Electric car sales jumped to more than 10 million last year, with China accounting for roughly 60% of the market, according to a report from the International Energy Agency published Wednesday.
The record sales figures, contained within the IEA’s Global EV Outlook for 2023, continue a trend of sustained growth for the industry.
“Electric car sales — including battery electric vehicles (BEVs) and plug-in hybrid electric vehicles (PHEVs) — exceeded 10 million last year, up 55% relative to 2021,” the IEA’s report said.
“This figure — 10 million EV sales worldwide — exceeds the total number of cars sold across the entire European Union (about 9.5 million vehicles) and is nearly half of the total number of cars sold in China in 2022,” it added.
The IEA defined “sales” within its report as being “an estimate of the number of new vehicles hitting the roads.”
In total, it said more than 26 million electric cars were on the world’s roads in 2022, which represents a 60% increase relative to 2021.
Plug-in hybrid electric vehicles, or PHEVs, have an internal combustion engine as well as a battery-powered electric motor.
Some regard them as an important tool in the transition toward low- and zero-emission forms of transport. Others, including organizations such as Greenpeace UK, take a dim view of them.
Looking ahead, the Paris-based IEA — seen by many as an authoritative voice on the energy transition — said it was estimating worldwide sales to reach almost 14 million in 2023.
“This explosive growth means electric cars’ share of the overall car market has risen from around 4% in 2020 to 14% in 2022 and is set to increase further to 18% this year, based on the latest IEA projections,” a statement accompanying the report noted.
Chinese market dominant
The IEA described China as being “the frontrunner” when it came to electric car sales. It added that over 50% of electric cars on the road could now be found in the world’s second-largest economy.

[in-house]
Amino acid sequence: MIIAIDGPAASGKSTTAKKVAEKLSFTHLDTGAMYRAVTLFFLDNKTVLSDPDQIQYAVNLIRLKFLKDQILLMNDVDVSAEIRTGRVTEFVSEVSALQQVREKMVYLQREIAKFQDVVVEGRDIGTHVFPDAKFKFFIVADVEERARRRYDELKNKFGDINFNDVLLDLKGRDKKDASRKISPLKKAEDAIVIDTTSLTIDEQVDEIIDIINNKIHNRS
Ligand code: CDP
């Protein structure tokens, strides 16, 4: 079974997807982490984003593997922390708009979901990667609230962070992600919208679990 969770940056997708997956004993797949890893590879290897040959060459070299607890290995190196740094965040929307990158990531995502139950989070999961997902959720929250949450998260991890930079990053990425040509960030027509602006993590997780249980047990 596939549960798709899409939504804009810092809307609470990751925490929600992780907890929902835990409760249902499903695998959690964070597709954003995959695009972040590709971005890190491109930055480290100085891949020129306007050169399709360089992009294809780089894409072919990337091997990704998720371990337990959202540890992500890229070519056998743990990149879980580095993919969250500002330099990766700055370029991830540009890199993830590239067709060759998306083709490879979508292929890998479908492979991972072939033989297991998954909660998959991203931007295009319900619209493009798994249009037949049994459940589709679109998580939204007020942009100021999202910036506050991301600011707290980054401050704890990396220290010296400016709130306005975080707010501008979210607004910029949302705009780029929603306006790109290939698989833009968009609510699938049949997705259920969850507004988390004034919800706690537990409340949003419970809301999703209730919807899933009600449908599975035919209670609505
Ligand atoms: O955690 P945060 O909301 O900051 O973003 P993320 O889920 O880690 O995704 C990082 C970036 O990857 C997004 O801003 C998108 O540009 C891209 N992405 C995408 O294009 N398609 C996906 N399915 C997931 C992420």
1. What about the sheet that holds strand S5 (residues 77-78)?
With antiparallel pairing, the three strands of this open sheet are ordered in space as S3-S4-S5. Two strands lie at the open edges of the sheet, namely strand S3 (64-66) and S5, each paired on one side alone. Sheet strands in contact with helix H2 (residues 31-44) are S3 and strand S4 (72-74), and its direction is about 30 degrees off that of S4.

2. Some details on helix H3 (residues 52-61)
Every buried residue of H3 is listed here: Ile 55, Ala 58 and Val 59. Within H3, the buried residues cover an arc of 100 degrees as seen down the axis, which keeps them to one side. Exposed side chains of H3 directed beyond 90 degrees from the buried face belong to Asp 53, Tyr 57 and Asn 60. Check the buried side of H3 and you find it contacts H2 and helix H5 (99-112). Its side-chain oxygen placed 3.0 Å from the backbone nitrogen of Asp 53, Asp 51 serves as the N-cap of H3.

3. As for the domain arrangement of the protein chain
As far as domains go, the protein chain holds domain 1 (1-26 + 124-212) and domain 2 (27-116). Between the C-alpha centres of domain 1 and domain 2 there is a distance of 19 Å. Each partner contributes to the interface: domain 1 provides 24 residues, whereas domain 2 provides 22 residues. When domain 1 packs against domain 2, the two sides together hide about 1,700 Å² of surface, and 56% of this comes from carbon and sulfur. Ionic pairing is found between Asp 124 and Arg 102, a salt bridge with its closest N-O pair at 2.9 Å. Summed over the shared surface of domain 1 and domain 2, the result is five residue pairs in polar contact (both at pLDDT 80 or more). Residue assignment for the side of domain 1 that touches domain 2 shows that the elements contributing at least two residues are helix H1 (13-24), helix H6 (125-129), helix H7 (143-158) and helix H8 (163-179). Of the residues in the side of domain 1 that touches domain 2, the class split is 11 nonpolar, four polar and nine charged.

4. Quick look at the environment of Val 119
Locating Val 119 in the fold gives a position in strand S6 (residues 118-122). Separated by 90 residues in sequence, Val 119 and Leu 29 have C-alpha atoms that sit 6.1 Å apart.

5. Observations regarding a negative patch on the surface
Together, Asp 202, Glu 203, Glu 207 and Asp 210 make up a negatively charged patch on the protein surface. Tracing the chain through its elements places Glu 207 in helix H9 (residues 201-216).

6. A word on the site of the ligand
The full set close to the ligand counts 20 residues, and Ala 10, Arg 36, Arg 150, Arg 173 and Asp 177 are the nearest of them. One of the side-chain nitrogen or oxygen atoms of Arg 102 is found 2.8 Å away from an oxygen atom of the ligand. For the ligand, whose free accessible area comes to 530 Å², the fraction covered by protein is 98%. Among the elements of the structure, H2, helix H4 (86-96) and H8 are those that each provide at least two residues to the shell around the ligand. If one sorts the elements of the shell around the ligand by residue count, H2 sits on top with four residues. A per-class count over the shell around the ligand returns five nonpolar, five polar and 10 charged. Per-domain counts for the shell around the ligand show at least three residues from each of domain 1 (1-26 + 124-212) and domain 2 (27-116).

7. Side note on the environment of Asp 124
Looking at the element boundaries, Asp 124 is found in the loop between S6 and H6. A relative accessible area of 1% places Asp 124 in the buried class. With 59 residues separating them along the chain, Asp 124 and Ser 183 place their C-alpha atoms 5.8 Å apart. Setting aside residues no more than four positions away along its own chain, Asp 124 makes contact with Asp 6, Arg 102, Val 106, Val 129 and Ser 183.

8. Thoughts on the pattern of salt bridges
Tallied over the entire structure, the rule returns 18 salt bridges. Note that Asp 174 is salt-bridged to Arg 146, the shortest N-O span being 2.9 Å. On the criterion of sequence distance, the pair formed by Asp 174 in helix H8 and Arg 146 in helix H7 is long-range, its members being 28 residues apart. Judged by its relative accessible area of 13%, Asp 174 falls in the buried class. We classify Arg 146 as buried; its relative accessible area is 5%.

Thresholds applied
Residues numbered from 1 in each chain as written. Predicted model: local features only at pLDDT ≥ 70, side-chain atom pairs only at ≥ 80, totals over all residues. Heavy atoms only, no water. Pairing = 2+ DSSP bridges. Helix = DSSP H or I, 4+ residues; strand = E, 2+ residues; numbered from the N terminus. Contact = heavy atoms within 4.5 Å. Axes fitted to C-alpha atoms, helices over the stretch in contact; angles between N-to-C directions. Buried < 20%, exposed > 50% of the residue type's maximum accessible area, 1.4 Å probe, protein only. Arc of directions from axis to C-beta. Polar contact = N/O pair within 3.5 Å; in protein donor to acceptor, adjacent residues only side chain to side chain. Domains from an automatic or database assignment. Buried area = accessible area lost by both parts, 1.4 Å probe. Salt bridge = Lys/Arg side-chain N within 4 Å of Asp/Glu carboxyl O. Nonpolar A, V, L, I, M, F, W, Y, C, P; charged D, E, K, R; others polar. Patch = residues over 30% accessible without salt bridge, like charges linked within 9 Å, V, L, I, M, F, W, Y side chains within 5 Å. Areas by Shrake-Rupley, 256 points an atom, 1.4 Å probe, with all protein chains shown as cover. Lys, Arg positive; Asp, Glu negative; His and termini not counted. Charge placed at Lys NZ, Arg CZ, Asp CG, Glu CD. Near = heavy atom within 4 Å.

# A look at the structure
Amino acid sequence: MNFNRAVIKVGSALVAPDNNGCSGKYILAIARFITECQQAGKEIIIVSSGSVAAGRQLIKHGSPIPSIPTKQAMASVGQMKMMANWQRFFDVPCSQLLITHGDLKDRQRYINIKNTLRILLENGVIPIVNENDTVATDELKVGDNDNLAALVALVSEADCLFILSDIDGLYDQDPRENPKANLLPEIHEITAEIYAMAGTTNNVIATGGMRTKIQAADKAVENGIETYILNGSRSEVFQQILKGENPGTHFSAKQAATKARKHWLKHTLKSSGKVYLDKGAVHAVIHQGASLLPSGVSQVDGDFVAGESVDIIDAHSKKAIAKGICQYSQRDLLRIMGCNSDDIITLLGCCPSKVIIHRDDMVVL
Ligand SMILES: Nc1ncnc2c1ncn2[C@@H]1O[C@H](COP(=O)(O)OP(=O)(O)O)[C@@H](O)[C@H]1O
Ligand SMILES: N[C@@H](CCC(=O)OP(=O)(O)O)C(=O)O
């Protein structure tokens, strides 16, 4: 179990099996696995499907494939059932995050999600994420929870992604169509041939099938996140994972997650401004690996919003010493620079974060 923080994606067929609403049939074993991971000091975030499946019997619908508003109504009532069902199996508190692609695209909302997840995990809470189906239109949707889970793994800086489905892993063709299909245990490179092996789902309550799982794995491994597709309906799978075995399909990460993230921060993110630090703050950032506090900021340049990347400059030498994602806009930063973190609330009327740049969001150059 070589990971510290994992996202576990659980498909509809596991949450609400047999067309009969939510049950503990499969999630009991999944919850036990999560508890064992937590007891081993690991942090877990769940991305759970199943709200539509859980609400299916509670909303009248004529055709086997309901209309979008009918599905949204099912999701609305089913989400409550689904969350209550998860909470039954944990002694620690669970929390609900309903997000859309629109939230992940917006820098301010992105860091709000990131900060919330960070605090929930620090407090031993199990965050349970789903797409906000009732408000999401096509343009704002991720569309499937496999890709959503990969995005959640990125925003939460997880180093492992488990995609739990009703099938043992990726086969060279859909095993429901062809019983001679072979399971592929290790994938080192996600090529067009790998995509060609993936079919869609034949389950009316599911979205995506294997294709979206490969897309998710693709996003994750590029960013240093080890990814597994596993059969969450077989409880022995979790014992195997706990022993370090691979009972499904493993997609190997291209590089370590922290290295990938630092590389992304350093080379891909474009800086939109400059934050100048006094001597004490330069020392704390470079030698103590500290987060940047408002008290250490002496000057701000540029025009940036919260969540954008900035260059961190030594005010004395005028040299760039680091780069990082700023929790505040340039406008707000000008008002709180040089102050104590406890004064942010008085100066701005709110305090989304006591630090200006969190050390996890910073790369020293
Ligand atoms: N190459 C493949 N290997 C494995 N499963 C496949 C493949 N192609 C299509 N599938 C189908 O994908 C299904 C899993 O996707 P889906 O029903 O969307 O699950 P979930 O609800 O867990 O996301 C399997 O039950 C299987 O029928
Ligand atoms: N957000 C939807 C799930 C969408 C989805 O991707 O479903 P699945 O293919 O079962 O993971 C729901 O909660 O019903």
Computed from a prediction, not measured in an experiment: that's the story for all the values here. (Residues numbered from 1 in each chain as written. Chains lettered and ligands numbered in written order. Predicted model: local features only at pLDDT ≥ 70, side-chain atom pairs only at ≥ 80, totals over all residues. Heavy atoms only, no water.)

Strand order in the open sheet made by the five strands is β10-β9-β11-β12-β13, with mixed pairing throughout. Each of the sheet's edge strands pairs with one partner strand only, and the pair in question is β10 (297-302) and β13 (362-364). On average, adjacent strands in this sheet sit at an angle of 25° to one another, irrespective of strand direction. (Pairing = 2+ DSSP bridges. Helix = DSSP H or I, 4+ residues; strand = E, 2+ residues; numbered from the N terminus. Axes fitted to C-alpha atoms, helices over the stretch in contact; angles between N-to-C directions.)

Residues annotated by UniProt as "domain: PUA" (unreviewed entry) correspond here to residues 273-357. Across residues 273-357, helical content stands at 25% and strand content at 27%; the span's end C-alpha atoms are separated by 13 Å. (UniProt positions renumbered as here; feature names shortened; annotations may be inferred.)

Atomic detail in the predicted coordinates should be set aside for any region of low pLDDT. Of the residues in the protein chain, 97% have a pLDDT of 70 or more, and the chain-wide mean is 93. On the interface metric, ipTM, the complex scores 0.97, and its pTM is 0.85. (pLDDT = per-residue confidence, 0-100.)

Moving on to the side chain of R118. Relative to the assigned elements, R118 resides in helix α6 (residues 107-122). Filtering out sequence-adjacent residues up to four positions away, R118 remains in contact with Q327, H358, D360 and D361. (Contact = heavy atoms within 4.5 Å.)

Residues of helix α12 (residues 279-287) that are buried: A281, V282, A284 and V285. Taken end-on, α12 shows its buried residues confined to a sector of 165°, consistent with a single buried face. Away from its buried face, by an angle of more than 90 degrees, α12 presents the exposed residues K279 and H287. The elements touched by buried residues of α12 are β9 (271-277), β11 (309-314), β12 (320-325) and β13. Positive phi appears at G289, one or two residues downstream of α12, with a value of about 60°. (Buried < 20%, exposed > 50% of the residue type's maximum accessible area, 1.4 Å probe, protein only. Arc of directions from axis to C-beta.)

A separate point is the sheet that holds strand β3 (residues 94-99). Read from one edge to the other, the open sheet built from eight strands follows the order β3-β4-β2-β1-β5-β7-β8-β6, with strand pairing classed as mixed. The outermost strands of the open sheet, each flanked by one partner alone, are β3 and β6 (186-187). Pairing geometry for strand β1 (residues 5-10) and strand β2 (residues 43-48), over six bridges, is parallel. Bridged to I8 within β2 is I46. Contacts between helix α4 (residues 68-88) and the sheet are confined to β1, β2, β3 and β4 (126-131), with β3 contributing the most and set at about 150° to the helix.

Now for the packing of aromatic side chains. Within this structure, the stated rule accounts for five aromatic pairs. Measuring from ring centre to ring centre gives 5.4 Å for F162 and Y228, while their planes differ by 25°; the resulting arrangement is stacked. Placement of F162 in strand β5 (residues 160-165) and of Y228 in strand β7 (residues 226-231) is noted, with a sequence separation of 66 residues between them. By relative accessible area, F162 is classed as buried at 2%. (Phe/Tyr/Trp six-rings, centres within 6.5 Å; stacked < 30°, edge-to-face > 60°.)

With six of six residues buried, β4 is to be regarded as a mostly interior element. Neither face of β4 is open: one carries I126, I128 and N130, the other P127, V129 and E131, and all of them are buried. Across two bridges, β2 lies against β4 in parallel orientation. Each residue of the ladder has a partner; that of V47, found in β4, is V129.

“In Europe, the second largest market, electric car sales increased by over 15% in 2022, meaning that more than one in every five cars sold was electric,” the IEA said, adding that U.S. electric car sales had risen by 55% in 2022.
“Electric vehicles are one of the driving forces in the new global energy economy that is rapidly emerging – and they are bringing about a historic transformation of the car manufacturing industry worldwide,” Fatih Birol, the IEA’s executive director, said.
“The trends we are witnessing have significant implications for global oil demand,” he added.
“The internal combustion engine has gone unrivalled for over a century, but electric vehicles are changing the status quo.”
“By 2030, they will avoid the need for at least 5 million barrels a day of oil. Cars are just the first wave: electric buses and trucks will follow soon.”
Unlocking India’s potential
While China, Europe and the U.S. are big players when it comes to electric cars, the IEA noted that other parts of the world were also showing “promising signs.”
“Electric car sales are generally low outside the major markets, but 2022 was a growth year in India, Thailand and Indonesia,” it said. “Collectively, sales of electric cars in these countries more than tripled compared to 2021, reaching 80,000.”
India was seeing a “ramping up” of both EV and component manufacturing, Wednesday’s report said. This had been backed by a $3.2 billion incentive program from the Indian government, which had in turn led to $8.3 billion of investment.
The past few years have seen a number of large economies lay out plans to ramp up the number of EVs on their roads.
The U.K., for instance, wants to stop the sale of new diesel and gasoline cars and vans by 2030 and will require, from 2035, all new cars and vans to have zero tailpipe emissions.
The European Union, which the U.K. left on Jan. 31, 2020, is also looking to reduce emissions from road based transportation.
And over in the U.S., California — America’s most populous state — is banning the sale of new gasoline-powered vehicles by 2035.
While there is excitement about the potential of low- and zero-emission vehicles, the shift away from cars powered by fossil fuels won’t always be smooth.
There are concerns, for example, that the lower noise levels of EVs may pose a challenge to people with sight problems. In addition, talk of a skills gap is sparking discussions about cost and safety, while ensuring charging infrastructure is accessible to all is another area to watch.